Several prominent personalities in the Web 2.0 media space have taken more than a passing interest in Justin.TV. Geek bloggers Chris Pirillo and Robert Scoble, as well as Jeremiah Owyang of the Web Strategies blog (and an advisor to Scoble's company, PodTech.net) have set up their own livecasts using the streaming service UStream. (To find their shows, search for their names on the site.)
Their streams are not what I would call must-see. The other day I watched Scoble drive from his home in Half Moon Bay to his wife's relative's house in Merced. It was a technical trick that he could broadcast live video from his car, but most of the time he was talking about... broadcasting live video from his car.
In other words, many of these streams are self-referential. Of course, that will change as the Web anoints its jesters -- people whose lives are interesting to tune in to, and who are willing to exhibit their lives to the Web, as Justin Kan is doing.
It's cool that bloggers are experimenting with this medium, but my perspective it this: Being a blogger is a hard enough job. I don't I want to become a lifestreamer. I know for sure that my wife doesn't want me to (nor does Scoble's; during the drive the word "divorce" was mentioned more than once). But is losing all shred of personal privacy going to become requirement for being an online commentator? Already I'm feeling a little weird about the items I'm posting on my Twitter feed.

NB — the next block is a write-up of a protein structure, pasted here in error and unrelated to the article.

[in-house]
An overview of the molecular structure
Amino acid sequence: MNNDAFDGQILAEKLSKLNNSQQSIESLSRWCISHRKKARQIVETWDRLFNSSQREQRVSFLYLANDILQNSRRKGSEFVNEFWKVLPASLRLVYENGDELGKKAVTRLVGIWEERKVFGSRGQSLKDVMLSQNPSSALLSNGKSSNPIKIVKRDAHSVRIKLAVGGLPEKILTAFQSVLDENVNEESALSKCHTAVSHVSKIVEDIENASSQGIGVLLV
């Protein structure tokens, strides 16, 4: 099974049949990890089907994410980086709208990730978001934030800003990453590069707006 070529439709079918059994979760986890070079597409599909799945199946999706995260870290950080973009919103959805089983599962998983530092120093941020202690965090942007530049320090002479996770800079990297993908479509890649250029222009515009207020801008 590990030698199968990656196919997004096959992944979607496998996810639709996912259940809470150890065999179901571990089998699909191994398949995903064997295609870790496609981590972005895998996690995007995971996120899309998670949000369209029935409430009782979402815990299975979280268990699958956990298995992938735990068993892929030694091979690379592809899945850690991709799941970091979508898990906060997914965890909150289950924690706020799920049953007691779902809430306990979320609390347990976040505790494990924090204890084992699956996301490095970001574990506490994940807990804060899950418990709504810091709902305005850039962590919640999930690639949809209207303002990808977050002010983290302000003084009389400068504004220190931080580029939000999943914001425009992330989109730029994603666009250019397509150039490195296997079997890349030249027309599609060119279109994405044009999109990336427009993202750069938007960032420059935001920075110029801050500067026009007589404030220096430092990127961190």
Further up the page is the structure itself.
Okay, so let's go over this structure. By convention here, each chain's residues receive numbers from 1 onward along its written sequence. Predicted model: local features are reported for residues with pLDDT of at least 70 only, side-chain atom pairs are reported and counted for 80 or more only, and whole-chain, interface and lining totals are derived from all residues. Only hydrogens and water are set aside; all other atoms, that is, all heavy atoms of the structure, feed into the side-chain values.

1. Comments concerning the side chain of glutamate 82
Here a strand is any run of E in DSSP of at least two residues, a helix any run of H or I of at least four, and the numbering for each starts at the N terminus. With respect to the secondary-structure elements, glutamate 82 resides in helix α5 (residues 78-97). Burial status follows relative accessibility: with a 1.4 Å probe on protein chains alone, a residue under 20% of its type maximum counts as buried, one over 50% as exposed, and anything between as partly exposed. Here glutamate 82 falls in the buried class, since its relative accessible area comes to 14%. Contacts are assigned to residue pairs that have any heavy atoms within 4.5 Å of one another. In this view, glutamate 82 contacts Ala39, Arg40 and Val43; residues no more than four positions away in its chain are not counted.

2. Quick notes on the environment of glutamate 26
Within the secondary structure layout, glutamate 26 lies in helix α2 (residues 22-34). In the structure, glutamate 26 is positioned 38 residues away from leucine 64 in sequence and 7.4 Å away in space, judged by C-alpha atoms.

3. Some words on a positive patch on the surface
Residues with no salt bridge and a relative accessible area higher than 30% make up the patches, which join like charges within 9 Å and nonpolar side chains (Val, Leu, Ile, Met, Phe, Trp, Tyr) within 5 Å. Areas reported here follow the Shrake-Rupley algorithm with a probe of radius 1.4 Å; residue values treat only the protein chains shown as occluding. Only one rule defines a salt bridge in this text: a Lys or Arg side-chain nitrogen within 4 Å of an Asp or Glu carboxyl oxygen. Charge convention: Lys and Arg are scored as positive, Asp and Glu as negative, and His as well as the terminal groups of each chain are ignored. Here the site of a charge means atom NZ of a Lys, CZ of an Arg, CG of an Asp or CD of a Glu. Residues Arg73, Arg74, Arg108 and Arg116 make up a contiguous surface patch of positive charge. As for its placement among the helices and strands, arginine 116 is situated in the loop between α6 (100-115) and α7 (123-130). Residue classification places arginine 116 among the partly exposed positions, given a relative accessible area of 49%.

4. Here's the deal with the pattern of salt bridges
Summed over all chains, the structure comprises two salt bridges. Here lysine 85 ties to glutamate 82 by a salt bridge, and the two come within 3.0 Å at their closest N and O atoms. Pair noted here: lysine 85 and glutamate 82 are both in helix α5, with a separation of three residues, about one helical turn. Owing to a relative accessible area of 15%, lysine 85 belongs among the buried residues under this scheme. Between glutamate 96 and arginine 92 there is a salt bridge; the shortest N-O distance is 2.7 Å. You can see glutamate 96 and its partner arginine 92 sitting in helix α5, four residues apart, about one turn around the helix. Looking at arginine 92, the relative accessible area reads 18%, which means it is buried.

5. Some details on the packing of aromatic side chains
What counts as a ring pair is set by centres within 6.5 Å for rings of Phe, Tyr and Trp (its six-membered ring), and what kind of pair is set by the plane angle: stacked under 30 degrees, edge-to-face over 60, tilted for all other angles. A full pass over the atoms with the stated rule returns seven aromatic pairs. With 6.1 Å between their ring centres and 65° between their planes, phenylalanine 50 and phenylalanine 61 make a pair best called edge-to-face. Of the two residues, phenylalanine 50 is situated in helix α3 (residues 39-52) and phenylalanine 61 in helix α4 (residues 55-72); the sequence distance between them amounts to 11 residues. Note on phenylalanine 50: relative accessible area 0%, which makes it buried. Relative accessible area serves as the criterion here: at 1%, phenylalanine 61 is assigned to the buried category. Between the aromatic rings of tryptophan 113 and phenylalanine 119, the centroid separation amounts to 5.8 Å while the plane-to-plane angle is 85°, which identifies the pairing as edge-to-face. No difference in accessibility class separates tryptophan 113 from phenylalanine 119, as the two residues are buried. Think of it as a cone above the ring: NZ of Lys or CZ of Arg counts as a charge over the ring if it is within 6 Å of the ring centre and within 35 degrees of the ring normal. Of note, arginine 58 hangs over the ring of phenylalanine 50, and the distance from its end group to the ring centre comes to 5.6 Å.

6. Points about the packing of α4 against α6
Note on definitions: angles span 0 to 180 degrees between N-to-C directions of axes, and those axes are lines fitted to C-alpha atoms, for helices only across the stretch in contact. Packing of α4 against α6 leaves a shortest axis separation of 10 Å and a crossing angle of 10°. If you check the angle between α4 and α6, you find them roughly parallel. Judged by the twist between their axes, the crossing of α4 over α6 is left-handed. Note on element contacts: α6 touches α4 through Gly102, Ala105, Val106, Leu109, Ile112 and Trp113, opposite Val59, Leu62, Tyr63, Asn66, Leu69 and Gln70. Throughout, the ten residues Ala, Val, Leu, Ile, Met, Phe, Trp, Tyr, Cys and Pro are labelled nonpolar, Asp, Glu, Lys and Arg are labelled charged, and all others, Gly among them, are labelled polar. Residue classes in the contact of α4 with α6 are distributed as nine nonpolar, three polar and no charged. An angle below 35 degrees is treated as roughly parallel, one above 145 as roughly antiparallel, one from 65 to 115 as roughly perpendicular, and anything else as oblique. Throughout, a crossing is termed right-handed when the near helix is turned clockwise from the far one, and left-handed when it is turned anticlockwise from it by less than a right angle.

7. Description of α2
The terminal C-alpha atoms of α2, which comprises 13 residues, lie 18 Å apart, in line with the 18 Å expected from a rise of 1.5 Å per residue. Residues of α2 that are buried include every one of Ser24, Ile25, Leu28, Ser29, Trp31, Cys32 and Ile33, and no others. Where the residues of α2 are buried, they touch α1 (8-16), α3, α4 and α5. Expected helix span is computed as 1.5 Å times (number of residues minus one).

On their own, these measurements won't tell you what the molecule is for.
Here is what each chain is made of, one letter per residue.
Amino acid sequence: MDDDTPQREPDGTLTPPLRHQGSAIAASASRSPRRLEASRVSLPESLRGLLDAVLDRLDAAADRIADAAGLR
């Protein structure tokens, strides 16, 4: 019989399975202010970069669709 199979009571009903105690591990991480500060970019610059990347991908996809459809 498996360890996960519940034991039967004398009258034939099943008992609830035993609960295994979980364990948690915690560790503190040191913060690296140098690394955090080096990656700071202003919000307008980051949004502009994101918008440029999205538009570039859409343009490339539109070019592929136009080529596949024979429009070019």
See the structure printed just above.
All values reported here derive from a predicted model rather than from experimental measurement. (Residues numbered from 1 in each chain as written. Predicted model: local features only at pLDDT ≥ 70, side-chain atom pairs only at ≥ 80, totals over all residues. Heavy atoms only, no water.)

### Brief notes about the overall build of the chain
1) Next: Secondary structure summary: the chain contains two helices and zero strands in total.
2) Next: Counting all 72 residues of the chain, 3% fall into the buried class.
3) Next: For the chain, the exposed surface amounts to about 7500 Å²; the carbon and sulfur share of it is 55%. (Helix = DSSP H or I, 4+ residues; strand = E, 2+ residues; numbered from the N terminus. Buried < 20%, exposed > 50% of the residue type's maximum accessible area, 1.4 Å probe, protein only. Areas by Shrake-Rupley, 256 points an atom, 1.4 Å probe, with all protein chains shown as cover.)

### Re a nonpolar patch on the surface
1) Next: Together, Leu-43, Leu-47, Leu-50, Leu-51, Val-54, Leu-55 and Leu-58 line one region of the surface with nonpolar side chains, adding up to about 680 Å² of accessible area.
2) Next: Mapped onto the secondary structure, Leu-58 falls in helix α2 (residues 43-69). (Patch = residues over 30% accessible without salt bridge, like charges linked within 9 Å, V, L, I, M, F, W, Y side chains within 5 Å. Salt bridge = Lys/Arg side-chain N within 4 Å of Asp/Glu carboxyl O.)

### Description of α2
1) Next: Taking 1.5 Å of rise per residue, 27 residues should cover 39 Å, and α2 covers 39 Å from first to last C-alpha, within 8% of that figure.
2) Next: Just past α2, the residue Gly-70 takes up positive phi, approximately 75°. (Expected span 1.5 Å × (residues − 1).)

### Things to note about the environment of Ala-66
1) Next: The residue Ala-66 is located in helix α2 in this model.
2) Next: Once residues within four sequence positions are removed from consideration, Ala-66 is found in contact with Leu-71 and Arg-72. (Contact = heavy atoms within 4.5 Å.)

If there's demand for it, I would look forward to broadcasting live interviews with people in the Web 2.0 community, and I think that's what streaming services, like UStream -- in combination with reliable high-speed, wide-area network bandwidth -- are going to be useful for. (In fact, Owyang is doing just that from the Web 2.0 Expo show floor.) But I don't think it will be too long for lifecasting to jump the shark. I'm waiting for a major TV network to run a reality TV show where the participants wear hat cams. And for a Law and Order episode where a lifestreamer is murdered.